In study 301, the dropout rate approached one in three participants with higher discontinuation in the intervention than the control arm, causing significant statistical problems in dealing with missing data. Thus, said the FDA’s Robert Lim, MD, though this study had positive results for FEV1, it was not “statistically robust.”

The second study, 302, did not meet its primary endpoint, and there was “no support from secondary endpoints” for efficacy, said Dr. Lim, a clinical team leader in the FDA’s Division of Pulmonary, Allergy, and Rheumatology Products.

The current submission was also supported by a new post hoc subgroup analysis of adults in studies 301 and 302. A total of 414 patients receiving DPM and 347 receiving placebo (DPM at a nontherapeutic level) were included in the integrated analysis of patients from all three studies. Studies 301 and 302 both had open-label extension arms, allowing more patients to be included in safety data.

The problems caused by the missing data from study 301 were addressed in the design of study 303 by encouraging patients who discontinued the study drug to continue data collection efforts for the study. Dropout rates were lower overall in study 303 and balanced between arms.

Over the 26-week duration of study 303, investigators saw a statistically significant improvement in FEV1 of about 50 mL, according to the FDA’s analysis. Post hoc analyses of studies 301 and 302 showed point estimate increases of approximately 80 mL, according to Dr. Lim.

In its presentations, Chiesi USA presented its integrated analysis of adult data from the three clinical trials. The analysis showed an increase in FEV1 from baseline of 73 mL for the DPM group, compared with an increase of 7 mL for the control group, using an intention-to-treat population (P less than .001). The committee heard evidence that in adults with CF, pulmonary function typically decreases by 1%-3% annually.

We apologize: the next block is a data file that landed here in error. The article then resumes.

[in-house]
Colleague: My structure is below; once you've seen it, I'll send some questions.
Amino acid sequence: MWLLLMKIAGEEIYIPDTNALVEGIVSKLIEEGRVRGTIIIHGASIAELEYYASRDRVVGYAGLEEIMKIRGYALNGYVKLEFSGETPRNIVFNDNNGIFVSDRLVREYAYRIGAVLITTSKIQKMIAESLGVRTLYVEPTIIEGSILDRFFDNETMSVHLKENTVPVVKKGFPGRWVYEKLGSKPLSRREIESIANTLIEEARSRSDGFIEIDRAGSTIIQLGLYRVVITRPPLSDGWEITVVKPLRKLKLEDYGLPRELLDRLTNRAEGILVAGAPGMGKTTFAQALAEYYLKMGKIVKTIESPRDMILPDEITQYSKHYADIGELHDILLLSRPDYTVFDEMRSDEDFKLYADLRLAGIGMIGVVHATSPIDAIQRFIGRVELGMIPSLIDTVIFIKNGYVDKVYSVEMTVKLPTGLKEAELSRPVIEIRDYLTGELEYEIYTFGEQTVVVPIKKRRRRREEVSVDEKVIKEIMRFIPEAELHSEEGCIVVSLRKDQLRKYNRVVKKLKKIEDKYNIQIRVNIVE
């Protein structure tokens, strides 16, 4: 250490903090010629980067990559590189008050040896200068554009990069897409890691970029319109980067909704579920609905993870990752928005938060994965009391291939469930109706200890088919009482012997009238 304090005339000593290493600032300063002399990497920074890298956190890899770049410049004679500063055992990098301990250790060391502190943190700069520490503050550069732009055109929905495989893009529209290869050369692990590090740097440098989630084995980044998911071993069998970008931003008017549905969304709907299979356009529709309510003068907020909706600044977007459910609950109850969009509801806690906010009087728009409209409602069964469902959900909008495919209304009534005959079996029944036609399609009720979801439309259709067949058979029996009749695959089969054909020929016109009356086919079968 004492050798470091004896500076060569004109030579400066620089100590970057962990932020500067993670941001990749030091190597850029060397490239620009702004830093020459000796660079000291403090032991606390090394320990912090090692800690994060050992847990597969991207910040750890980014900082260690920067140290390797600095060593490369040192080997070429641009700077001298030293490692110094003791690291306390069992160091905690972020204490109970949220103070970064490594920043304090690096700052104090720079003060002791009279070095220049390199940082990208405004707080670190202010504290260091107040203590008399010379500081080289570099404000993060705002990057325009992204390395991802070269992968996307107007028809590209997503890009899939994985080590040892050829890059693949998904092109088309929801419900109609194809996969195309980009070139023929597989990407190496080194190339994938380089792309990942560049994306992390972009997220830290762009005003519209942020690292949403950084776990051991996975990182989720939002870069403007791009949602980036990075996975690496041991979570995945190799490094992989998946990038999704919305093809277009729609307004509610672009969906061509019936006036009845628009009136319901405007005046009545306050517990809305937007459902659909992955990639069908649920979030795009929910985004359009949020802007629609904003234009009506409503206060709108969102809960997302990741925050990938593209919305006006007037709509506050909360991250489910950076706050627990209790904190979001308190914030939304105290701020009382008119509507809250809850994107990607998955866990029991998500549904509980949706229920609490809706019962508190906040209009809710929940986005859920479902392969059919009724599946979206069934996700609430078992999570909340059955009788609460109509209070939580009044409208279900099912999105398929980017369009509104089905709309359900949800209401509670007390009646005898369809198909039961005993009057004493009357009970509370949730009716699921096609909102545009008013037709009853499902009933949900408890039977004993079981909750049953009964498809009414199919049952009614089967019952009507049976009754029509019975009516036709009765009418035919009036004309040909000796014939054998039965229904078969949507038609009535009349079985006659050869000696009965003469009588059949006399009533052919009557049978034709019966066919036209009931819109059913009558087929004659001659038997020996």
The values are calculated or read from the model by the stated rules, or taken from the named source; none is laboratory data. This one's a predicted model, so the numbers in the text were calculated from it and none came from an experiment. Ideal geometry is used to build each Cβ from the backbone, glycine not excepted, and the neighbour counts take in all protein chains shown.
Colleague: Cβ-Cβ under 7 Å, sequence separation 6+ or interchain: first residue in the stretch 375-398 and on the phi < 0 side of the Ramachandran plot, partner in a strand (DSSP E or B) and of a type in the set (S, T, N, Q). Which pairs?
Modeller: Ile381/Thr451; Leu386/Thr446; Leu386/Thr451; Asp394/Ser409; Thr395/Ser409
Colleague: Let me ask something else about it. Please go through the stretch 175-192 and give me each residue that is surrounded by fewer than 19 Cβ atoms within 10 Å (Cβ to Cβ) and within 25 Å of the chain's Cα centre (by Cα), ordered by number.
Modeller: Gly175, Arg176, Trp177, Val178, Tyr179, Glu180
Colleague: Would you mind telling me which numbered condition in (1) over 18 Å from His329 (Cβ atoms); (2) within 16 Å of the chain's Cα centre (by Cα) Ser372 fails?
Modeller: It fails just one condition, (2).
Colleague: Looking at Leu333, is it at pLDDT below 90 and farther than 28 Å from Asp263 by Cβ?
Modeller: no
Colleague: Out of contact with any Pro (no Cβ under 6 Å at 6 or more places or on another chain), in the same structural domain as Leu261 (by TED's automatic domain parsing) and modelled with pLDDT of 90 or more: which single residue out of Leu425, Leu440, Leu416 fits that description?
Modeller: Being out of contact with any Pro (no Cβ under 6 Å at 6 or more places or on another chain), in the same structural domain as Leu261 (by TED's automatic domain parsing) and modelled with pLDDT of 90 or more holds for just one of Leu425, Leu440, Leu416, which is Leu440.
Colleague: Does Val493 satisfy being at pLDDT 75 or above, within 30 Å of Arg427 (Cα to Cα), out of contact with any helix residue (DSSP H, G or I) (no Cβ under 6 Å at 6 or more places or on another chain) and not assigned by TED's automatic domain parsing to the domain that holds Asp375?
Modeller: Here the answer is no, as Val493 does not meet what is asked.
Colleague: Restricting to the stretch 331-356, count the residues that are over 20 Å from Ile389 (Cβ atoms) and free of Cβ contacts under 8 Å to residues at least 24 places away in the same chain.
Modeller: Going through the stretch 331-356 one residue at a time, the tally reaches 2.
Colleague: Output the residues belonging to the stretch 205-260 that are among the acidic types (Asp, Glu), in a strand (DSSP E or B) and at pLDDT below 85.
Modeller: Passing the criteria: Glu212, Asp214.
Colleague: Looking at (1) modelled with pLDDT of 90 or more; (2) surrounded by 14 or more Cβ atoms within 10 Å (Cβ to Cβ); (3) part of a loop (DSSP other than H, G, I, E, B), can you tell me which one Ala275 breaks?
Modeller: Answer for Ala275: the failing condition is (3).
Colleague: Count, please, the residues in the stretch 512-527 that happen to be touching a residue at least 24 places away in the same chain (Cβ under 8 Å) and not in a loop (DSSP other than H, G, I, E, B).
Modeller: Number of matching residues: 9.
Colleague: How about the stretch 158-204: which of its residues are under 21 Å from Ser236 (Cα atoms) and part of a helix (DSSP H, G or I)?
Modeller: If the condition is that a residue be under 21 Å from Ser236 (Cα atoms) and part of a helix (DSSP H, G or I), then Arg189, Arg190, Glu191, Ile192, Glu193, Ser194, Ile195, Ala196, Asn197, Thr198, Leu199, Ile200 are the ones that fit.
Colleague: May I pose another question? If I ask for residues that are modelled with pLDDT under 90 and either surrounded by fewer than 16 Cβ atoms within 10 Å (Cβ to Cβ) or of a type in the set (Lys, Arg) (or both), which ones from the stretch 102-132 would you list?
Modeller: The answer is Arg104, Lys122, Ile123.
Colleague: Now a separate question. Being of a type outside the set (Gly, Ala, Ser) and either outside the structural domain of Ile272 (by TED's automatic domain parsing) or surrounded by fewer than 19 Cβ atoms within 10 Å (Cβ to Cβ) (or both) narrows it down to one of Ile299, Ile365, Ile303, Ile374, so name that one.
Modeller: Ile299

The PDPE rate was slightly higher in the DPM group than in the control group in studies 302 and 303, but the differences were not statistically significant. These findings have a backdrop of an overall low rate of PDPEs ranging from 0.221 to 0.995 per year, according to Chiesi presenter Scott Donaldson, MD, a pulmonologist who directs the adult cystic fibrosis center at the University of North Carolina at Chapel Hill.

When looking at the subgroup of United States study participants, the DPM integrated cohort included more patients with a history of prior pulmonary exacerbations. In the DPM group, 45% of U.S. participants had at least one exacerbation in the prior year, and 20% had two or more exacerbations, compared with 38% and 14%, respectively, in the control group. Chiesi argued that this imbalance was likely responsible for the increased exacerbation rate.

The sponsor and the FDA used different imputation methods to account for missing data from the earlier studies, complicating interpretation of the potential signal for increased exacerbations.

Quality of life data were similar between groups across the studies.

In the end, the view of the “yes” voters was encapsulated by James M. Tracy, DO, an allergist in private practice in Omaha, Neb. “This is not a drug for everybody; but absolutely, it’s a drug for somebody. Ultimately we have to make that decision – I do think that we study populations, but we really take care of people.”

The FDA usually follows the recommendations of its advisory panels.